One rule in Africa is to not drive a motorcycle after dark, and since we are in the Southern Hemisphere it is winter and it gets dark around 5:30. Hence, we didn’t get very far until we had to stop for the night. We found a lovely little guest house in Riviersonderend called Lovell’s, owned by an English divorcee in her 70s. It was “English quaint” in the middle of  an Afrikaans speaking village and built in 1890. The price was very reasonable and the night was freezing in the mountains, but it was cozy as could be and made for a wonderful night’s sleep!

Western Cape, Day 3

Yesterday was a busy day. I awoke just after 7am to call Chris Haman, an offroad motorcycle specialist. My father had taken a course from him in the past and had only positive things to say. This gentleman is middle-aged and very closely resembles the South African actor Arnold Vosloo (who played the mummy Imhotep in the 1999 film). I quickly put on all my new motorcycle gear and headed out to Belville, about a 30 minute drive from Somerset West. I was nervous about the whole ordeal because I hadn’t set foot on a motorcycle in about four years. Driving a motorcycle is akin to owning a gun because it requires an enormous respect for the power at your disposal; it also has the capacity to injure or kill, and thus should be wielded cautiously.

Once I met up with Chris we had some coffee and he instantly revealed himself to be a wonderfully kind and humorous man. He definitely has the charisma of a good teacher and he put my mind at ease, despite lacking some serious riding confidence. We rode our bikes to a kind of construction lot, complete with a large dirt and gravel field with bricks and trash lining the perimeter. We chatted about the trip and eventually took to practicing some off-roading and balance techniques. A lot of motorcycling seems counterintuitive, from shifting one’s weight to how to maneuver the bikes in tight areas; one consistent piece of advice carried itself throughout the day: always look up. Looking up and ahead of you always prepares you for what is to come, despite the natural inclination to look at what lies directly in front of you. People have a tendency to crash should they do the latter, and with this advice I managed to keep the 800cc bike up (no small feat, as this bike weighs between 400 and 455lbs depending on how much fuel is in the tank). Understanding the machine certainly works to your advantage, and as Chris pointed out, a bike can be held up with two fingers if you know how to balance it right.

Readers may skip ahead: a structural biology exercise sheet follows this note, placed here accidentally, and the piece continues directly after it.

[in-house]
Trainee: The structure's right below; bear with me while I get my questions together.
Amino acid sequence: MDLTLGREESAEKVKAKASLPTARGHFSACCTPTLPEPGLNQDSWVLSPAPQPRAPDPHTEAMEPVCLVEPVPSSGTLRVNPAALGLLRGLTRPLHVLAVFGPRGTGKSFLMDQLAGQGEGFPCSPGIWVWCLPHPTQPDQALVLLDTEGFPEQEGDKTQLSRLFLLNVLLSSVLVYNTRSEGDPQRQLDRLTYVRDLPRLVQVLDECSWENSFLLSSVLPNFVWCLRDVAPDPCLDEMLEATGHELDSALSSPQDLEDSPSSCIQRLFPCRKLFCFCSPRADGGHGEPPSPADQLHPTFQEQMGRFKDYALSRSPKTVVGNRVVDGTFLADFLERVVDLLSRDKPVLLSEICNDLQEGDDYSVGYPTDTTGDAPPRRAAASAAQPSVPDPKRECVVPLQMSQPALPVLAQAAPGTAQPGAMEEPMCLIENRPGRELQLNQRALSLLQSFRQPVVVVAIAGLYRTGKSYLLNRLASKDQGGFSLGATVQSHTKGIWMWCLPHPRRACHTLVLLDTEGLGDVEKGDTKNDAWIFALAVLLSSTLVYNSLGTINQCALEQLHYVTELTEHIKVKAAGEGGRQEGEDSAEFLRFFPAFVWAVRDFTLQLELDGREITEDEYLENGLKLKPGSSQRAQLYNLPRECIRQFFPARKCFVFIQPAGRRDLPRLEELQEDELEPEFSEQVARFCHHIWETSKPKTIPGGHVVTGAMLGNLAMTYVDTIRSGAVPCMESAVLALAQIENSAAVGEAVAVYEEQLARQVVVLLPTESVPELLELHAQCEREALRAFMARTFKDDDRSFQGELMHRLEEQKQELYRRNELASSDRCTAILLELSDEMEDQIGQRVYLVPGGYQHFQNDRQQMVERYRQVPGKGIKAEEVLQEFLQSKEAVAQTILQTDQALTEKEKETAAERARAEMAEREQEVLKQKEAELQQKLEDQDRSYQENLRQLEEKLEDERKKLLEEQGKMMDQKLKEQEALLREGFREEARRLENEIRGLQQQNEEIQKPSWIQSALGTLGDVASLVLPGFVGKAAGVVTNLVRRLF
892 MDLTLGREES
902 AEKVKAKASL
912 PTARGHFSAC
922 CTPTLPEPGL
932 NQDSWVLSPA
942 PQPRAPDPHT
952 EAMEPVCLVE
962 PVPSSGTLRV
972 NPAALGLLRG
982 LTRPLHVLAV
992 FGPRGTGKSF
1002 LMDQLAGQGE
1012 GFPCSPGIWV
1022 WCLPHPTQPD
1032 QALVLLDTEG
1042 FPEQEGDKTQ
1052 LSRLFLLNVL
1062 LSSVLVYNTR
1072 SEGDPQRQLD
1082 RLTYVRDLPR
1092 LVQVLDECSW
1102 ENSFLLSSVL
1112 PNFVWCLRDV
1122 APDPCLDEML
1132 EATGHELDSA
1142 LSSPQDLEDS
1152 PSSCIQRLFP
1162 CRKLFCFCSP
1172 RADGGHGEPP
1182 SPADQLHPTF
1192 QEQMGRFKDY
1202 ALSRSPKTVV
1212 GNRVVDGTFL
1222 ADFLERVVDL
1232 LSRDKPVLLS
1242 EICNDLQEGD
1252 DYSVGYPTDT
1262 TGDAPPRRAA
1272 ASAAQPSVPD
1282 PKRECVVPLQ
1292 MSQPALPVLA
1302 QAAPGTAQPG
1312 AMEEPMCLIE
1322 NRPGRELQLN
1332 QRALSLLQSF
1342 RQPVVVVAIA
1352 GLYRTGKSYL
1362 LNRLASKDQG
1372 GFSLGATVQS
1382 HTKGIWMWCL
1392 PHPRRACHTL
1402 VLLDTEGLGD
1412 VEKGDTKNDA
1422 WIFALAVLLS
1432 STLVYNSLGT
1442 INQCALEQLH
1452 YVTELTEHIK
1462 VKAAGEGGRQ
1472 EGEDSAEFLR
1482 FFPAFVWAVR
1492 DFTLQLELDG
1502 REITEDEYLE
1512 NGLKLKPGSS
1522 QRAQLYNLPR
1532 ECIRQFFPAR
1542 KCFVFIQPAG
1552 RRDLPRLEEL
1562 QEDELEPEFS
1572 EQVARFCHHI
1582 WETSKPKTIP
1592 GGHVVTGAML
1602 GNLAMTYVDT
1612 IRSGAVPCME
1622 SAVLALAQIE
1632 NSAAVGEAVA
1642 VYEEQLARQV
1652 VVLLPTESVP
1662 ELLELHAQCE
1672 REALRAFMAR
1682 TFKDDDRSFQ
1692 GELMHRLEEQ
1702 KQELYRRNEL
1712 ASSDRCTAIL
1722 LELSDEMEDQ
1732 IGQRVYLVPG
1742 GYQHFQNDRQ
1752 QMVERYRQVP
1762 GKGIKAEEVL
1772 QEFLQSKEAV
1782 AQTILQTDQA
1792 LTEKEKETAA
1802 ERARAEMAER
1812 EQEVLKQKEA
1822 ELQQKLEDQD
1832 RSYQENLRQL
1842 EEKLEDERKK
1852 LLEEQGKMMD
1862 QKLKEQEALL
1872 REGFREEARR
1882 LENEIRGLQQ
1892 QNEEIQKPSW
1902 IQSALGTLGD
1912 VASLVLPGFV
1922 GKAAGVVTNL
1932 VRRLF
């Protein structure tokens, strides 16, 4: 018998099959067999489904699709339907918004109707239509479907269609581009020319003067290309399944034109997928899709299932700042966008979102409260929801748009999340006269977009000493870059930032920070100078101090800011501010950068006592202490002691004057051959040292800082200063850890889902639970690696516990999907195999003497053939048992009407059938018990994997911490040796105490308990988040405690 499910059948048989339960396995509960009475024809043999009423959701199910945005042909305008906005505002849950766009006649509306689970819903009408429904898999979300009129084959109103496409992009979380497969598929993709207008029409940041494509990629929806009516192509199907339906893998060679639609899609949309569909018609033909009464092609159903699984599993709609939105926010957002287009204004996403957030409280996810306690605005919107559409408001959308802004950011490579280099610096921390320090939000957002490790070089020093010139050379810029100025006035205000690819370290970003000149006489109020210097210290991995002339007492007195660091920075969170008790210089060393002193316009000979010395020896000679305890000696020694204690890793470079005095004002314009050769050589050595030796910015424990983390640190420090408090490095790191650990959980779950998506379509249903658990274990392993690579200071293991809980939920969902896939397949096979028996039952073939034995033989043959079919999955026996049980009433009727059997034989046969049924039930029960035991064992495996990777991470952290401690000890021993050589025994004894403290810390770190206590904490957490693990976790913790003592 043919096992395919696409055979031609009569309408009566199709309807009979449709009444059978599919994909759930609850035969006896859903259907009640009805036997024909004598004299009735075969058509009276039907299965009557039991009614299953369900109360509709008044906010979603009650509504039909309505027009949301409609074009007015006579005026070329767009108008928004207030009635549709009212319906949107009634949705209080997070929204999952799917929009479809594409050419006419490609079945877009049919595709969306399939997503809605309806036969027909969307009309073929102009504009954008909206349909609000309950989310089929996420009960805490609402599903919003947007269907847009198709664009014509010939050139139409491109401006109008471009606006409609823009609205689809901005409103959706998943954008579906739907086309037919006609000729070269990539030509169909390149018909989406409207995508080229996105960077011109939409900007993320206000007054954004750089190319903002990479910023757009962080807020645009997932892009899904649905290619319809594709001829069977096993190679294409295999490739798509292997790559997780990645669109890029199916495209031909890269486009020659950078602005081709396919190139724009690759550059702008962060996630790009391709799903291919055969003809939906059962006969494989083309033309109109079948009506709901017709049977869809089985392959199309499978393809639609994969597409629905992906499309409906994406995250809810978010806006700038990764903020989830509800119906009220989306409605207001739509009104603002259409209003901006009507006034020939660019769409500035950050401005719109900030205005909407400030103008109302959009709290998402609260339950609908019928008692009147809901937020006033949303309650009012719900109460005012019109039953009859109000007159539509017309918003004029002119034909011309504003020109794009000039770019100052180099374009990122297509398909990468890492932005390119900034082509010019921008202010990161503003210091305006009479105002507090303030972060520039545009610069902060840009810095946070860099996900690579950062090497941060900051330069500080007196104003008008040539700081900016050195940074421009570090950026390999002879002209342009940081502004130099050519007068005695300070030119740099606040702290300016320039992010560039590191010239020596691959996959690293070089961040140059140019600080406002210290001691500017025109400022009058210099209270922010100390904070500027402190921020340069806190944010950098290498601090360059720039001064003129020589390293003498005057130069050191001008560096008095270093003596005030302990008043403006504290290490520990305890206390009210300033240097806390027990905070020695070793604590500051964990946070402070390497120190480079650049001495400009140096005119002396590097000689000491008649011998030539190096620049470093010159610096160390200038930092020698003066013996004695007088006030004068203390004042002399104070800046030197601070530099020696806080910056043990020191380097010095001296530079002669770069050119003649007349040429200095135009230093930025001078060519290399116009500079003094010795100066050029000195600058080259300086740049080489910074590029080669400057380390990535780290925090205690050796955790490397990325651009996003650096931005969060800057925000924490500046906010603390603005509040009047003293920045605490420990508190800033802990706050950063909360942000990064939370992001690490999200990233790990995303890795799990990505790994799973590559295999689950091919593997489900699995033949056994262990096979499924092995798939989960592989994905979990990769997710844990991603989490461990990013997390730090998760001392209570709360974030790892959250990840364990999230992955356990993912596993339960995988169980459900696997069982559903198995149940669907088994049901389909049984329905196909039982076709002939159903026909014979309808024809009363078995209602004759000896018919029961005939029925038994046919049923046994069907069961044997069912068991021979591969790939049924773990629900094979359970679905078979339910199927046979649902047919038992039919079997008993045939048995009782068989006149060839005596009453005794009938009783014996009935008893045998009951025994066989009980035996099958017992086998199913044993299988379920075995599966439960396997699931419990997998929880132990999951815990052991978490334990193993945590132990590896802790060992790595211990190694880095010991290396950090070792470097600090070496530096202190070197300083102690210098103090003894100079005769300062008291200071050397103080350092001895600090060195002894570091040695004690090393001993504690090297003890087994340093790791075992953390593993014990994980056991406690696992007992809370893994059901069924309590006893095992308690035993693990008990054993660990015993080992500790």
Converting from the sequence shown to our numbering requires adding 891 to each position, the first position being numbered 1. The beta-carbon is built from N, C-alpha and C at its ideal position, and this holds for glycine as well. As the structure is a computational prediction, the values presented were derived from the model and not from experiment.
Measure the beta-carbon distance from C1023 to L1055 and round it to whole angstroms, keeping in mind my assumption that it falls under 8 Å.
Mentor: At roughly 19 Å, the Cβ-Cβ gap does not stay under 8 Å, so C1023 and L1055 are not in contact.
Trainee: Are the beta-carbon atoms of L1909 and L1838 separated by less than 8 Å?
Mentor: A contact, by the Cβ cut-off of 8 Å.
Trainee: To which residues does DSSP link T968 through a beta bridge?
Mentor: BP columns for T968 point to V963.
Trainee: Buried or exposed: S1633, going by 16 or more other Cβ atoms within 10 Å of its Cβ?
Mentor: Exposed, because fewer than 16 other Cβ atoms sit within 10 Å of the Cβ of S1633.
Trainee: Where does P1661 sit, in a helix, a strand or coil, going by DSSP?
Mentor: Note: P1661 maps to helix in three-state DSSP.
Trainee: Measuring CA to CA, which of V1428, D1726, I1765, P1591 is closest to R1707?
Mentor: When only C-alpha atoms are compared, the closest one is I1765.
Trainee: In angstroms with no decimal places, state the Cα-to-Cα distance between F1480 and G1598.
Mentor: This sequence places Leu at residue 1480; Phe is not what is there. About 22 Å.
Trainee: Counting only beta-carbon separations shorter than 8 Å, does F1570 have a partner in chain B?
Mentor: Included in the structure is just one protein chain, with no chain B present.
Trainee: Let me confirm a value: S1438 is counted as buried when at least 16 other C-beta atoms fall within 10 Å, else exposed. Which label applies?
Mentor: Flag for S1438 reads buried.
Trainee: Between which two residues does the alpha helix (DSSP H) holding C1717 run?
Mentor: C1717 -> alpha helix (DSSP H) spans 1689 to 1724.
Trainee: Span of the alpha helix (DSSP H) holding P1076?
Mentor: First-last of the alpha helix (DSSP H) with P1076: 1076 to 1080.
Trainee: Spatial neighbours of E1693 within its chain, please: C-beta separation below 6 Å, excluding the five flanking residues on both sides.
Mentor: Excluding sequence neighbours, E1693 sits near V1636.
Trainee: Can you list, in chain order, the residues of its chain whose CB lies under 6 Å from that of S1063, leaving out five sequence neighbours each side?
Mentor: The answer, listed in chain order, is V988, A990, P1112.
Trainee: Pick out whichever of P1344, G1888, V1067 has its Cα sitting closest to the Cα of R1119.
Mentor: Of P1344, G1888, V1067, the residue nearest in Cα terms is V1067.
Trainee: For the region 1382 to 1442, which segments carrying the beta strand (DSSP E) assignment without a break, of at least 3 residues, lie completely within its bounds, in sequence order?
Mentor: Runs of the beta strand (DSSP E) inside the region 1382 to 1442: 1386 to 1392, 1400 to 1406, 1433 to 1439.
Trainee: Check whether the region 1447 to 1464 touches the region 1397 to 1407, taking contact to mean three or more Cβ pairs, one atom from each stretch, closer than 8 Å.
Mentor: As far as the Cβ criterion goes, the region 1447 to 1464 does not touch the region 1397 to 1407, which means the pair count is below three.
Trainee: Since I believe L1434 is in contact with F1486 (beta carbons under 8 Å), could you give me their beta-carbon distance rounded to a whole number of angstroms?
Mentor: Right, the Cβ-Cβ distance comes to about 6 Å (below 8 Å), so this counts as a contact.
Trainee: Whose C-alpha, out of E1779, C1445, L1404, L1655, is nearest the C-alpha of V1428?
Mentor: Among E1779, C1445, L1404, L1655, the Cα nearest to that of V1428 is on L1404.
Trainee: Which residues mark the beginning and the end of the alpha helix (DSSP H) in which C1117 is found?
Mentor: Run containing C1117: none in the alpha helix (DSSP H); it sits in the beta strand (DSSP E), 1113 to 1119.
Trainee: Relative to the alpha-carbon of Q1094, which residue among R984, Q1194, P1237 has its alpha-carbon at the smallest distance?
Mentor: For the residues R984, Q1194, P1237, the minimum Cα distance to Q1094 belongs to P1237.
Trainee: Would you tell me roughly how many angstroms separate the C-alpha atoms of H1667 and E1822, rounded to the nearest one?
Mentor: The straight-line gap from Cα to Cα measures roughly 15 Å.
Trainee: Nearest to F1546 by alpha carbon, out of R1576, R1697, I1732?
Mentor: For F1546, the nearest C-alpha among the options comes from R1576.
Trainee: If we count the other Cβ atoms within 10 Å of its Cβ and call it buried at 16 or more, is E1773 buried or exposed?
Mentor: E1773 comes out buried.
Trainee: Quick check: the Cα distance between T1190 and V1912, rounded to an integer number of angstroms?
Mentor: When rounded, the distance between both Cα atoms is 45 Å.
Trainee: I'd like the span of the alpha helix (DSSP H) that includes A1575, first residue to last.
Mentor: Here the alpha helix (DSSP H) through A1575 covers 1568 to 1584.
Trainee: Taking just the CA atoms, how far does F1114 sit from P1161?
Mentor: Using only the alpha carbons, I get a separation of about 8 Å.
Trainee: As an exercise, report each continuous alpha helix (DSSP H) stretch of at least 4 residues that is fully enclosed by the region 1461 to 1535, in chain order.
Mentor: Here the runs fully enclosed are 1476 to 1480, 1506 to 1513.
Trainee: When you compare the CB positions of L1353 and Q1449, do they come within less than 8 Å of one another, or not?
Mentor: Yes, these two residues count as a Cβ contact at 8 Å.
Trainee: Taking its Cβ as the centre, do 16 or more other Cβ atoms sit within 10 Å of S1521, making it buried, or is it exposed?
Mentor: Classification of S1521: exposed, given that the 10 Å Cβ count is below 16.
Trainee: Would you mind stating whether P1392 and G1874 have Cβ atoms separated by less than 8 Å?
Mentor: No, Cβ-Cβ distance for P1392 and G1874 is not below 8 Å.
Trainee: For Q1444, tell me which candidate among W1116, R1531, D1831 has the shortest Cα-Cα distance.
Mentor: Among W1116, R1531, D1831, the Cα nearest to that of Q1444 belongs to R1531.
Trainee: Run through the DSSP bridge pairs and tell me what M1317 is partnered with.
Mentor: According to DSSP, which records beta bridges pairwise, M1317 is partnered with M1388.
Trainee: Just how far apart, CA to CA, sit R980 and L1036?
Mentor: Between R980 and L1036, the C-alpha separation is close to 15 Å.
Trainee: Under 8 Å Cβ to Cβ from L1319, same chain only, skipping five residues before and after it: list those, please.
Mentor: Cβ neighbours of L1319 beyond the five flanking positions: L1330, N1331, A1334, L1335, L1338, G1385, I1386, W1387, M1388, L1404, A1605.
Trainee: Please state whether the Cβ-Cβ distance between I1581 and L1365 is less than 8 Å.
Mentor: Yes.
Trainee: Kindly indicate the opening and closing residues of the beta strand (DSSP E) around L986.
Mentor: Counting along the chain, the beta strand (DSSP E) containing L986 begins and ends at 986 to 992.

After five hours or so I could make U-turns in under 4 meters and weave in and out of obstacles with relative ease. I of course had nothing on Chris who could rock, bounce, and supplant any obstacle like a professional. Toward the end of the lesson we rode on bumpy back roads straddling South African farming plots. I have to admit, riding around the Western Cape seemed unreal; the beauty is second-to-none and I felt like I was in some kind of dream. The rolling hills, stunning backdrops, and rustic splendor makes even the most beautiful places in my travels pale in comparison. Parts of our rides seemed like Boulder, but many, many times prettier and yet still there was a gorgeous ocean on one side, mountains to the other, and green majesty abound. At one point there was even a group of oversized bovines grazing right on the road’s edge. I can easily see why there are so many motorcycle riders around this area—there is just so much to look at, and no other vehicle allows you to experience it with all of your senses.

I returned to the Squirrel’s Peep to encounter much merriment. My father informed me there was a kind of get-together going on upstairs and that I must hurry to join it, as it was the tail end of the party. I quickly changed and came upstairs to find a large gathering consisting of extended family. I was pleased to find everyone very welcoming and fun. I sampled a few kinds of wine and discussed with many the nature of our upcoming trip. Most everyone had some advice and rightly so since most had at least some experience traveling through Mozambique, Tanzania (which they pronounce Tan-ZAY-nee-uh), Namibia, and the like. Almost all we have encountered see us as batty, expressing that Africa will likely see to the best laid schemes of mice and men. We must concede that our route is arduous and perhaps a bit too condensed, but we are stubborn Ishmaels and ever-loyal to our cause.

Within an hour or so the deVilliers and their kin said their goodbyes, and all that remained was a host of empty wine bottles, bread crumbs, and traces of cheese spread thin upon a cheese knife. My father saw to the dishes and we too said our preliminary adieus. We tended to further preparations for our trip, and I exerted further energy toward getting the Spot Connect to work. My apologies for those who have noticed its omission; I am having difficulty accessing our most recent tracings, but I have gotten it to work before back in the states so I am perplexed as to its dysfunctional nature. Later that evening I drove the rental car back to the airport behind my father on the BMW motorbike. We dropped it off and returned on bike, finishing up a few things and calling it a night.


(To give you a sense of the stuff we’re bringing, this is the camera equipment, alongside the camping gear)